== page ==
Arthur Brown on fear & faith, a constant topic of conversation for Christians living in the Middle East.
This is the third of a 4-part interview of Dr. David G. Benner by Dr. Jackie Stinton, a Calgary-based psychologist and spiritual director. The focus of this part of the interview is on faith and belief.
Here they are the ‘Five Reasons Christian Parents “Lose” Their Children’, according to the author:
* * *
1) Falling into the temptation of using religion to control their children through guilt and shame.
2) The parents seem to be afraid of the world, instead of empowered to live in it.
3) The children do not see the parents drawing any joy from their faith. Continue reading “Yaholo Hoyt – Five Reasons Christian Parents “Lose” Their Children”
Here is the latest issue of Sightings. Lots of insight, indeed.
* * *
Fifty-two years ago—can it be?—I published The Infidel: Freethought and American Religion, and have been tracking “the infidel” ever since. Whether he or she was dubbed “free-thinker,” “agnostic,’ “atheist,” “secularist” or many things more, the infidel thrived on the reaction of the “religious” majority. By publishing date in 1961, the infidel had gone off center stage, and scholarly colleagues and I had to ponder what “the religiofication” (as scholar Eric Hoffer called it) of American culture would mean. Infidels not only “went,” from time to time, they “came.” Again.
In recent years opinion surveys, pop culture, and scholarly literature have discovered the unmistakable presence of the current round of “infidels.” The term of choice currently is “the religiously unaffiliated,” a very relaxed term which suggests that “religion”=”affiliation.” Unsatisfied with that big-tent designation, opinion surveyors have helpfully studied and redefined sub-groups in the category. One of the most popular sources finds and names three sub-categories. The American Values Survey (see source at end of this column) looked at the 19% of the population which was “unaffiliated” and found that almost one-fourth of these were “unattached believers,” over one-third were “self-identified atheists and agnostics,” and almost forty percent were simply (well, sometimes maybe complexly) “unaffiliated secular Americans,” not “secularists.” Continue reading “Martin Marty – The Infidel and the Indifferent”
(Excerpt from the book Bono: In Conversation with Michka Assayas)
Bono: My understanding of the Scriptures has been made simple by the person of Christ. Christ teaches that God is love. What does that mean? What it means for me: a study of the life of Christ. Love here describes itself as a child born in straw poverty, the most vulnerable situation of all, without honor. I don’t let my religious world get too complicated. I just kind of go: Well, I think I know what God is. God is love, and as much as I respond [sighs]in allowing myself to be transformed by that love and acting in that love, that’s my religion. Where things get complicated for me, is when I try to live this love. Now that’s not so easy.
Assayas: What about the God of the Old Testament? He wasn’t so “peace and love”?
Bono: There’s nothing hippie about my picture of Christ. The Gospels paint a picture of a very demanding, sometimes divisive love, but love it is. I accept the Old Testament as more of an action movie: blood, car chases, evacuations, a lot of special effects, seas dividing, mass murder, adultery. Continue reading “Grace Over Karma – An Interview with Bono”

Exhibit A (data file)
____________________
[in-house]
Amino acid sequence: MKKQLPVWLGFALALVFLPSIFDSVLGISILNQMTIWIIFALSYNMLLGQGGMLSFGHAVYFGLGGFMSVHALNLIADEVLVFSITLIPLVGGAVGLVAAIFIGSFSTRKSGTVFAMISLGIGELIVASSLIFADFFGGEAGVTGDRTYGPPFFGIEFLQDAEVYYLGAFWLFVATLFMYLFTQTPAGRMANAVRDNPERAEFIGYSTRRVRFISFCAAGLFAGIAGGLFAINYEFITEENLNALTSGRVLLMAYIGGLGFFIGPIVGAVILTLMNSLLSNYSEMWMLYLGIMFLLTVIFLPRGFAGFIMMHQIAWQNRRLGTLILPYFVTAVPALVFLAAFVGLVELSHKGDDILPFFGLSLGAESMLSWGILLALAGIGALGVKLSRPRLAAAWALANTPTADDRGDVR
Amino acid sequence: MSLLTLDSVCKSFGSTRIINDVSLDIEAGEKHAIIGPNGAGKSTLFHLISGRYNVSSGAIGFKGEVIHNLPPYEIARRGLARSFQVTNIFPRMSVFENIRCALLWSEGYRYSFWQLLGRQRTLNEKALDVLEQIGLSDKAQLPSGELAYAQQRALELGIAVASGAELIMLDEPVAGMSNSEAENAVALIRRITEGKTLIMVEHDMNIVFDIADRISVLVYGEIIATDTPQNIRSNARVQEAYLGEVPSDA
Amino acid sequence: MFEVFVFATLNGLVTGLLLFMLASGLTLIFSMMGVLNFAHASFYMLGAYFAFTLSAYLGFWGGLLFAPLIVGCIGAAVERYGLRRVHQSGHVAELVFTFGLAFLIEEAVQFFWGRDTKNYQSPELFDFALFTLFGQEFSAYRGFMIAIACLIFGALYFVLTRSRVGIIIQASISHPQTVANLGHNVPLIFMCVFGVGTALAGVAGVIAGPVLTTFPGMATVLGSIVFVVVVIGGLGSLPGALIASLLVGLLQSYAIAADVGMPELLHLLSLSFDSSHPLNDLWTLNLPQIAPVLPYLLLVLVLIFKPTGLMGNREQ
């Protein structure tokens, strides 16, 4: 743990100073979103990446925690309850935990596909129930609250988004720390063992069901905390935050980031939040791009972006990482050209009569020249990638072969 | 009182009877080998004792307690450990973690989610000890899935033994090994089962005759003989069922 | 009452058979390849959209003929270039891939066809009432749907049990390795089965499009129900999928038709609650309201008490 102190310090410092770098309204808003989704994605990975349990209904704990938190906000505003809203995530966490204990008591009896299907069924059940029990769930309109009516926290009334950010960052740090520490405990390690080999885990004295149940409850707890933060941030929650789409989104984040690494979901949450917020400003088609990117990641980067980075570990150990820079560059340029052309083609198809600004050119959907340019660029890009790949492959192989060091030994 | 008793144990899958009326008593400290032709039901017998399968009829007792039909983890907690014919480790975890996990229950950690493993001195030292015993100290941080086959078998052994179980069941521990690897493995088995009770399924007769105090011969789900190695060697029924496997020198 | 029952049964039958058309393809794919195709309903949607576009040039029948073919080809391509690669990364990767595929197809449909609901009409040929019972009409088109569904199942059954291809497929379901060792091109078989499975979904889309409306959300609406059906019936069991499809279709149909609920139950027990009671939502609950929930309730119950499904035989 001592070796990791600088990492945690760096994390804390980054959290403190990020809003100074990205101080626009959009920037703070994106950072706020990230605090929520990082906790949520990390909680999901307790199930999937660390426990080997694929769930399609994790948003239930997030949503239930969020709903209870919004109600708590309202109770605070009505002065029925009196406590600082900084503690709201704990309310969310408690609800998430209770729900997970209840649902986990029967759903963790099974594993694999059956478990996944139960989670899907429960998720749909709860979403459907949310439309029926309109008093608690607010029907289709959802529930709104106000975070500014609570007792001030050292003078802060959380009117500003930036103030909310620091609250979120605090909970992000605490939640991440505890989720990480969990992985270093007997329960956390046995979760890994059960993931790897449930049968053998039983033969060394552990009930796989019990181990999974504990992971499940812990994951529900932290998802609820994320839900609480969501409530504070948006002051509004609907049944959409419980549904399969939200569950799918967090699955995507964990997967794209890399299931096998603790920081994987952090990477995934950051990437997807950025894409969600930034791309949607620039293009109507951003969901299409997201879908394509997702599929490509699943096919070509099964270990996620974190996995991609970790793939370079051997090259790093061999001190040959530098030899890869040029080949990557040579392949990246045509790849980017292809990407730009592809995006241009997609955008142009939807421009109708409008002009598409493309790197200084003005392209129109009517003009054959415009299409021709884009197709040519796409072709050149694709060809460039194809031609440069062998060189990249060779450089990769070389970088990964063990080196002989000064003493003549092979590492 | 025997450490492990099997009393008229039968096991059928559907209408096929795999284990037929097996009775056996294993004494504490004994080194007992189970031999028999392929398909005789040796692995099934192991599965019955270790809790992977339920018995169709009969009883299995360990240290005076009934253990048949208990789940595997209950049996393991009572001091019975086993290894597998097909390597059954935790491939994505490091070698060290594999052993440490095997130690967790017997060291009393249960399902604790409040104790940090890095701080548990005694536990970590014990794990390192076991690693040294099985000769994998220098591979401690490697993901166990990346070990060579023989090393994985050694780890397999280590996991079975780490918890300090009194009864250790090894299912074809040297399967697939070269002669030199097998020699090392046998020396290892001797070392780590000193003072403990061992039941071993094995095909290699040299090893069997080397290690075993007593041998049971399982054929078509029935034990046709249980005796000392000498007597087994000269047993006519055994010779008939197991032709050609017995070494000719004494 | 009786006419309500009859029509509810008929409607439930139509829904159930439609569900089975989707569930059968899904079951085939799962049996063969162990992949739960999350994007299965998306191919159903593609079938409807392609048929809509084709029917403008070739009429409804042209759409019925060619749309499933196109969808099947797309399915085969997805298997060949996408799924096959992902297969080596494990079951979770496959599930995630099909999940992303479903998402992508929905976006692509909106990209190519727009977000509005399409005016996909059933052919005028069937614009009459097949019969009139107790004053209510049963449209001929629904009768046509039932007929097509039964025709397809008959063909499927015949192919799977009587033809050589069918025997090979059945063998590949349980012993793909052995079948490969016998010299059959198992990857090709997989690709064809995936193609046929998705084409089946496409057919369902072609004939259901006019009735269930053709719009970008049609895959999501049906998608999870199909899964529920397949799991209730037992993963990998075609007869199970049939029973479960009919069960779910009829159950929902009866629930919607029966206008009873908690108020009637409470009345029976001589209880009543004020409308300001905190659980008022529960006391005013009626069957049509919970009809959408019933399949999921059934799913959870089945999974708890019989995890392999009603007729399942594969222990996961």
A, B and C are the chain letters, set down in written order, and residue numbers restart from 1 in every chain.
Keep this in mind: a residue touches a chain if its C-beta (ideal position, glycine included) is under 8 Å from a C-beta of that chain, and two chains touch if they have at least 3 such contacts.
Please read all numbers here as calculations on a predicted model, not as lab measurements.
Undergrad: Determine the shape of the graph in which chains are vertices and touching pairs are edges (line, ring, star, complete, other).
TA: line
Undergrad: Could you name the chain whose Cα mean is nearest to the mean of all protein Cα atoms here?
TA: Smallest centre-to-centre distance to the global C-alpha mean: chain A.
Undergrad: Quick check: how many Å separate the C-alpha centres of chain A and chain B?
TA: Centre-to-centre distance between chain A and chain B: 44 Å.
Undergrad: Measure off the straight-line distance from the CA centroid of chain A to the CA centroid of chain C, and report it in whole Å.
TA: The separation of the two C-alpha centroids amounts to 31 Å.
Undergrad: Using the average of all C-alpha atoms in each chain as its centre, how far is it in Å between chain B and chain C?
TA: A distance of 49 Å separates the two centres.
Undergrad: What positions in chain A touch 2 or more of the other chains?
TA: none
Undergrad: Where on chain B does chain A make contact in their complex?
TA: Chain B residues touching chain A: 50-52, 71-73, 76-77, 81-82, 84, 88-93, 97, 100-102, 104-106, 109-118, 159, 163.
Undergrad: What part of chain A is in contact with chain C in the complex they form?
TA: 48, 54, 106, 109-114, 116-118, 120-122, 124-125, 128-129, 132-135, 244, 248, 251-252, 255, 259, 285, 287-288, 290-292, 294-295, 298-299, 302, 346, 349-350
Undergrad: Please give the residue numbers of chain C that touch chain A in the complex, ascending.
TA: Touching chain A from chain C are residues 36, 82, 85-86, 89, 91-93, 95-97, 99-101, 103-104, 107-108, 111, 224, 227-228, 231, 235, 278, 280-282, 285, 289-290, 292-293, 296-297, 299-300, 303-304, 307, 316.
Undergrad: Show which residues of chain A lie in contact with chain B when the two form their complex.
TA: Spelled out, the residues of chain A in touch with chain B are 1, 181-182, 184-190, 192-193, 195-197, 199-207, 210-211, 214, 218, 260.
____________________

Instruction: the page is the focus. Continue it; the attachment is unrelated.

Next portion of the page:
This is a very interesting University of Chicago study of the dynamics of faith in various countries in the world.
The entire report could be read HERE.
Mark Galli about faith & doubt. A text worth reading.
Here is another great text about faith and (it’s opposite, i.e.) certainty. This time John Polkinhorne is in the centre of the conversation. Here is an (intriguinging) quote:
‘Polkinghorne doesn’t know for sure that there is a God. And yet, when he was at the top of his game in physics at Cambridge in 1979, he left the laboratory studying one unseen reality for the seminary to study another unseen reality. He became a priest in the Anglican Church. In addition to believing that quarks exist, he believes in a God who is driven by love to continuously create a world that is beautiful. For him, the theories that have God in them work. But he doesn’t really know for sure. And he’s OK with that.’
‘Religious’ vs, ‘spiritual’ and the wonmdering of the young generation.
A discussion by Martin Marty on the uselessness (in terms of reaching the young generation) of some contextualization strategies of contemporary churches.
I would strongly suggest that secularization is not so much an expression of the crisis of faith, as it is one of the crisis of the church (as institutionalized religion), that continues to grow more irrelevant as time goes on.
Source of picture, HERE.
My friend Ady Popa pointed me today to a very interesting article on faith and doubt by Peter Enns, a Protestant professor who studied theology at Harvard. Please find below a few quotes, to wet your appetite.
Warning: this is not for the faint hearted or the naive who are still entertaining the illusions of modernity. Continue reading “Peter Enns on the Benefits of Doubt for the Life of Faith”
Yale University – Education stained-glass, by Tiffany
Tellingly, President Obama’s pick to head the National Institutes of Health — Francis Collins — touts this symbiotic relationship today.
By Mark I. Pinsky
In recent years, some Americans have come to view science and religion as consistent antagonists, butting heads over everything from the origin of the cosmos to when human life begins (abortion) and when it ends (euthanasia).